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Markus -

First, you might want to check this archived message:

    
https://www.jiscmail.ac.uk/cgi-bin/wa.exe?A2=ind0904&L=SPM&D=0&X=1B29E63F8DCB1C3993&Y=rik.henson%40mrc-cbu.cam.ac.uk&P=196039

where Donald McLaren identified a problem with using the precise 
sigmoidal equation in Henson et al (2002) for data analysed in SPM5+, 
because the scaling in spm_get_bf.m changed (that paper was based on SPM2).

To answer your specific questions:

> I am refering to the paper of Henson et al 2002 NeuroImage 15, 83-95,
> about the Latency differences.
>
> I would like to use this technique.
>
> I am right when I proceed as follows?
>
> a) integrate temporal derivatives into my first level model
Yes. Note however that you can only separate estimation of latency from 
estimation of height of an HRF if you have long or jittered SOAs (eg 
null events); with rapid, fixed-SOA event-related designs (eg SOA<~2s, 
randomised event-types), the temporal derivative for one event-type will 
be correlated with the difference in (ie contrast of) canonical HRFs 
across event-types. This is just an example of the more general point 
that you need to estimate each regressor (temporal basis function) with 
high statistical efficiency - ie the distinction between estimating an 
HRF *shape* and simply detecting the *amplitude* of an assumed shape 
(e.g, relative efficiencies of a canonical HRF vs an FIR basis set; see 
Henson, 2004, HBF book chapter).


> b) calculate the beta for the hrf_<each condition> as a [1 0]
>
> c) calculate the beta for the td_<each condition> as a [0 1]
>
> d) use the image calculator to create the latency_image_<each condition>
> using the formula
>
> 2C/(1+exp(D beta2/beta1)) - C;
>
> where C=1.78, D=3.1 (Henson et al 2002, Neuroimage 15, p86).
Yes to points b-d, except that you might need to restimate the 
parameters C and D in you are using SPM5+, as Donald found.

Note that these parameters only matter if you want to estimate the 
precise latency (eg in seconds), which is only really valid in the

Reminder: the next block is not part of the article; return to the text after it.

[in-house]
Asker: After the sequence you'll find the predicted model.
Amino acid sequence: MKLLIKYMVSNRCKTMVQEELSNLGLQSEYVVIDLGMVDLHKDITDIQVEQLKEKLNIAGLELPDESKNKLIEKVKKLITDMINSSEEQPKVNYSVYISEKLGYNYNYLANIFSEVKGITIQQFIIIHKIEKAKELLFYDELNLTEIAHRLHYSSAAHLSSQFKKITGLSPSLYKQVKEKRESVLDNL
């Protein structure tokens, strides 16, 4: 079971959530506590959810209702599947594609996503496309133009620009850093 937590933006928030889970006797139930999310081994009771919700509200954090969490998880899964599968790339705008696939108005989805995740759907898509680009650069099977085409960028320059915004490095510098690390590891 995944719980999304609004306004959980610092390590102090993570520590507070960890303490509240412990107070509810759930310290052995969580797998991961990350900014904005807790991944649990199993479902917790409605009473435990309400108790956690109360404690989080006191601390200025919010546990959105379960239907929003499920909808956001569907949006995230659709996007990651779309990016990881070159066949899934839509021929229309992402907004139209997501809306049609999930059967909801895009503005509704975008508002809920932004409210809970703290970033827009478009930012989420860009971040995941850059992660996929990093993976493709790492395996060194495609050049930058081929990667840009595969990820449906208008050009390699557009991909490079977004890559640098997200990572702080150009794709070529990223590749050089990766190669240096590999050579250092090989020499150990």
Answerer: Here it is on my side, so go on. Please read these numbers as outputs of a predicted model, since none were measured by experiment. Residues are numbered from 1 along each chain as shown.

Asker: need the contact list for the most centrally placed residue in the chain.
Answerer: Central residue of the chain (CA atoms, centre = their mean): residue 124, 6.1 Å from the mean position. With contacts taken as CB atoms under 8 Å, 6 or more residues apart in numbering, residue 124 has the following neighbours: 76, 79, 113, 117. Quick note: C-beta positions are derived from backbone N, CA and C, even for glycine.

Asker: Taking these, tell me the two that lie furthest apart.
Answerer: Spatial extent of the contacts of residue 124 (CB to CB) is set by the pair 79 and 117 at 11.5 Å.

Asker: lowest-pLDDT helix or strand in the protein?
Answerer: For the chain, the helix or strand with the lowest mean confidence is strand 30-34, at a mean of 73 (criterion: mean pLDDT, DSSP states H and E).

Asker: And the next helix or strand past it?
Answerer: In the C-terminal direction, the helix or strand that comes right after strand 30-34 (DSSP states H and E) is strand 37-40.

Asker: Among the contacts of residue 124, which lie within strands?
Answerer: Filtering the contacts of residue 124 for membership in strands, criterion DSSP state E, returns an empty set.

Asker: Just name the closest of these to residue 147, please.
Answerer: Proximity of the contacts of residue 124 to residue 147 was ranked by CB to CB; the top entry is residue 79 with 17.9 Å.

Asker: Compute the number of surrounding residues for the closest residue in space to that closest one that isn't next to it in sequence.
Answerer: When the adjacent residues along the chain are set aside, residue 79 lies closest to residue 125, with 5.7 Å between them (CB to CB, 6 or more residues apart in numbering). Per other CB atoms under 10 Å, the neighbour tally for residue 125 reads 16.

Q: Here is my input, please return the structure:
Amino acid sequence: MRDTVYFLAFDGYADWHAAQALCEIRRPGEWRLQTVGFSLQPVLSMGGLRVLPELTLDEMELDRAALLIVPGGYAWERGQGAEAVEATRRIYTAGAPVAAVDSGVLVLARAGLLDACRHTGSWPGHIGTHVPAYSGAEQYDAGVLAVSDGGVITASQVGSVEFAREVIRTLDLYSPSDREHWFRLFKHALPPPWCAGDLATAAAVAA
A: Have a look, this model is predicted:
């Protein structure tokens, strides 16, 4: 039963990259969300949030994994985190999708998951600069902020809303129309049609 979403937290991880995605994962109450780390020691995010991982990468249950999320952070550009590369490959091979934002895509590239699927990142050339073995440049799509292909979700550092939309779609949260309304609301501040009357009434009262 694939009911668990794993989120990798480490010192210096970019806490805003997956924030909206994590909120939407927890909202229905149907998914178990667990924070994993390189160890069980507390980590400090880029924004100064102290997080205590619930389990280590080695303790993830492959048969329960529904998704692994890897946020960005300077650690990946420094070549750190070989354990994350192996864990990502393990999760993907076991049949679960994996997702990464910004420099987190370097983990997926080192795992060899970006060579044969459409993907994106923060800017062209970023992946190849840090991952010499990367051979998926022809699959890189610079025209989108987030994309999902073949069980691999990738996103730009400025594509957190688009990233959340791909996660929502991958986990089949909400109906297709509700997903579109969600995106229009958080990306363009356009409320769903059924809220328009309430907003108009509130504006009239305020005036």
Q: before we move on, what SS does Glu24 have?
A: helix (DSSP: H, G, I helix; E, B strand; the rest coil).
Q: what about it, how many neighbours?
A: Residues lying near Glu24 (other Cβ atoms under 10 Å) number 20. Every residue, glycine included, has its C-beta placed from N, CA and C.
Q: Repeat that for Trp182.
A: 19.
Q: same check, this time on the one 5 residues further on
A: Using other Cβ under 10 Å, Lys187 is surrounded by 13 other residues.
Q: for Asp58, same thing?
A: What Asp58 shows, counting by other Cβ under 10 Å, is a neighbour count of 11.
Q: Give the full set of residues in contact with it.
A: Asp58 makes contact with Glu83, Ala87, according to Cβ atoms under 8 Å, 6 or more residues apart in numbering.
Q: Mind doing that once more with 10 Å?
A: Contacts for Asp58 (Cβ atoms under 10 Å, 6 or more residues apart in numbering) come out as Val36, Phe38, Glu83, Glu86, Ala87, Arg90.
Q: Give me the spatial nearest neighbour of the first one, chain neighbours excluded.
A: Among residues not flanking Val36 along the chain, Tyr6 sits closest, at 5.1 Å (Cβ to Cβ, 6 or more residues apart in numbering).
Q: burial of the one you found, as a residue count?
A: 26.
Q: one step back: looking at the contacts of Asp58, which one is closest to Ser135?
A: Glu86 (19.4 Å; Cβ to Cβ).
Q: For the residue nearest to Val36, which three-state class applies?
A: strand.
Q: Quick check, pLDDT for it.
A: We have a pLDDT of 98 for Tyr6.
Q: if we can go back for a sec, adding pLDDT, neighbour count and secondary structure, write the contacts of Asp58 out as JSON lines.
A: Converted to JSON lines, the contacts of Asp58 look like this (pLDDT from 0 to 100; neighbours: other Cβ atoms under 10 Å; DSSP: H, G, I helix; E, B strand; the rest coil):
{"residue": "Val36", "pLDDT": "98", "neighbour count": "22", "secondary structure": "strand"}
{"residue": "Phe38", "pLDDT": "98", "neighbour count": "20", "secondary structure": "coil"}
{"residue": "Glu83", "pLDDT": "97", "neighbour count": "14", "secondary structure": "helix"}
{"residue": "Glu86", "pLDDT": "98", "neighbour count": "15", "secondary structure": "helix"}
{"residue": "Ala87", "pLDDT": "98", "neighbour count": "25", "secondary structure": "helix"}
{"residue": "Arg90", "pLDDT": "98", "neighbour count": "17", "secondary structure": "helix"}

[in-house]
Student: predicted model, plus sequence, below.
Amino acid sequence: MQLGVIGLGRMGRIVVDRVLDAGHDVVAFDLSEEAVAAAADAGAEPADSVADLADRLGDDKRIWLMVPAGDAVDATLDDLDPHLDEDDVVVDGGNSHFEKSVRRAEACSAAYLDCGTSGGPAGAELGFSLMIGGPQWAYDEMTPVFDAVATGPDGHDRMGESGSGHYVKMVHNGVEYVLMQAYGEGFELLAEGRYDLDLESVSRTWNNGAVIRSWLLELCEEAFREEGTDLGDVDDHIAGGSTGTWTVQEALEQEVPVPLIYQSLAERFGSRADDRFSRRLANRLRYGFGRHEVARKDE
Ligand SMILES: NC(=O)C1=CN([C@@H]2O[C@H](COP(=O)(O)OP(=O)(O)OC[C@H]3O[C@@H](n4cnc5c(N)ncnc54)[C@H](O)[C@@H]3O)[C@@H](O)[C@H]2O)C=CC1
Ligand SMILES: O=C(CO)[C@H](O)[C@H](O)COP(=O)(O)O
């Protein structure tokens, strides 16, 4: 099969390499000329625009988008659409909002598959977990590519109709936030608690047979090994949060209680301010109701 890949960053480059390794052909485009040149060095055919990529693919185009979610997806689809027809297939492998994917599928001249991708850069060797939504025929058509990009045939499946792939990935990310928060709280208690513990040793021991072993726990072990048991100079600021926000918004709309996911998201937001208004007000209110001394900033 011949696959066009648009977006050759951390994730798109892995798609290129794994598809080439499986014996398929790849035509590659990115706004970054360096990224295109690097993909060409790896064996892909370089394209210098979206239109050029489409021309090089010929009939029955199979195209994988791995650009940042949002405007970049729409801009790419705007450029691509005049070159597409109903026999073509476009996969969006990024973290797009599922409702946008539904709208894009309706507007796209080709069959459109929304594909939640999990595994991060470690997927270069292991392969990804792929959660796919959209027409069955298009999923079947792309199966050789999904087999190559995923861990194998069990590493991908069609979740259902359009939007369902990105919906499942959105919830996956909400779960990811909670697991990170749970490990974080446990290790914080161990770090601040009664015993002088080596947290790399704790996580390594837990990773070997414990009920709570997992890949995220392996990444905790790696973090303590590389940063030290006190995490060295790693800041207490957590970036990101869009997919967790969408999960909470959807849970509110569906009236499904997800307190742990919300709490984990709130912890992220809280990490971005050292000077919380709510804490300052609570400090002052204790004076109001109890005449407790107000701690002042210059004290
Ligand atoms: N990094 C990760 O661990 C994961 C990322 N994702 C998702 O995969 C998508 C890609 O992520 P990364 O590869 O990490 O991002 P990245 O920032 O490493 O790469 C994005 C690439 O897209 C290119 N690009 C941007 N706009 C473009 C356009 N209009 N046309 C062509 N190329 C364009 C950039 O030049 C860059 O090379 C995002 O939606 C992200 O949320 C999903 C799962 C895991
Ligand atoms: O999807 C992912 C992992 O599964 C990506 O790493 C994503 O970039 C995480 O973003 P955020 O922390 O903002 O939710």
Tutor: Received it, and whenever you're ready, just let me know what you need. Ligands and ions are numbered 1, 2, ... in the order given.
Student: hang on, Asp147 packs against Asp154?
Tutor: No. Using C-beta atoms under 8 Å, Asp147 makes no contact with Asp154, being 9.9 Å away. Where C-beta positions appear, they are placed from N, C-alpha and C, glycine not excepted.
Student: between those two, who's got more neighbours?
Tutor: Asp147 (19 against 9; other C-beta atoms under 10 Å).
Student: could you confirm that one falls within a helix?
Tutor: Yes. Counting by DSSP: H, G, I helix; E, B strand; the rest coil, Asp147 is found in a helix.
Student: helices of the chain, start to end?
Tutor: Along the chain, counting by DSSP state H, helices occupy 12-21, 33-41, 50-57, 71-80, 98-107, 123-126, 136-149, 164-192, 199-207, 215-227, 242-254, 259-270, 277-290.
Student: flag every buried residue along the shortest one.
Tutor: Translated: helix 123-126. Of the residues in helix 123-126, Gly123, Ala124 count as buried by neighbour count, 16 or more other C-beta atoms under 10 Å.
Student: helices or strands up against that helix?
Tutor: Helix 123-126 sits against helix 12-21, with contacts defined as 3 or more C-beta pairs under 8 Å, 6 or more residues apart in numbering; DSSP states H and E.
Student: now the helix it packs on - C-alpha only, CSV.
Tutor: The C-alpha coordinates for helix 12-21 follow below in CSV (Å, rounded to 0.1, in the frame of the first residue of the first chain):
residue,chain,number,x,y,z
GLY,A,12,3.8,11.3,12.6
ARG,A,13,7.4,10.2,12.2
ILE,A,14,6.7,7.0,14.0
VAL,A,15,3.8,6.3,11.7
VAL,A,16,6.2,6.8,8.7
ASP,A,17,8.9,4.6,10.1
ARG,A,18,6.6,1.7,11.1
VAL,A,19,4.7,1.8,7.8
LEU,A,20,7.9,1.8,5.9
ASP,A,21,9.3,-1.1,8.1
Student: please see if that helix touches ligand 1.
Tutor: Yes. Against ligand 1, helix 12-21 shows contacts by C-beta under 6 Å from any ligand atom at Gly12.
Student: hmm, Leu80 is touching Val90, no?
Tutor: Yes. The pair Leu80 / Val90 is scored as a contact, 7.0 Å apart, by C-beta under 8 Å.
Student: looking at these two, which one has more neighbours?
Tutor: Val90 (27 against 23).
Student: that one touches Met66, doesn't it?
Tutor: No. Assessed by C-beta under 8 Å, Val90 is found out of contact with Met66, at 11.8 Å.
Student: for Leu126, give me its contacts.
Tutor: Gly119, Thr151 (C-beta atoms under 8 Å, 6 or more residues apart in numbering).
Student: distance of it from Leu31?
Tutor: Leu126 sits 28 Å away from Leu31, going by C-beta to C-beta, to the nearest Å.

linear regime where the Taylor approximation holds (ie +/-1s of the 
canonical latency). Furthermore, precise latency differences in the BOLD 
impulse response may not be easily interpretable, because they do not 
necessarily reflect latency differences in the underlying neural 
activity (which is what I assume you are really interested in) - given 
the time integration (see Discussion in Henson et al, 2002) and that the 
neural-BOLD coupling is likely to have appreciable nonlinearities. (This 
is perhaps one reason that the various published methods for estimating 
BOLD latencies have not been used extensively for neuroscientific 
conclusions.)

If you don't care about precise latency, then you can view the sigmoidal 
function just as a statistical transform that prevents the 
derivative:canonical ratio from exploding beyond the linear regime (or 
when the canonical estimate is close to zero - ie for voxels where there 
is no basic impulse response in the first place). Then the precise 
parameters don't matter: you are just conditioning the data so that it 
becomes more Gaussian (the ratio won't be precisely Gaussian, even after 
transformation (you could use a log transform for that), though with 
enough Gaussian smoothing, the parametric stats should be reasonably 
robust). It also helps to only analyse voxels where there is a 
significant loading on the canonical HRF as well (ie use an inclusive 
mask, as in Henson et al, 2002), where the ratio only really makes sense 
(as mentioned above).


> e) enter these latency_images into the second level stats (ANOVA).
Yes


> f) And the last question: Is the above formula correctly entered into
> the ImageCalculator when doing:
>
> f =  '(2*1.78./(1+exp(3.1*i2./i1))) - 1.78' ( I mean, I do get some
> imges, but are they correct??)
Should be. I can send you a function that writes latency images offline 
if you want. But only if you are sure you want to proceed with latency 
analyses.... ;-)

Rik


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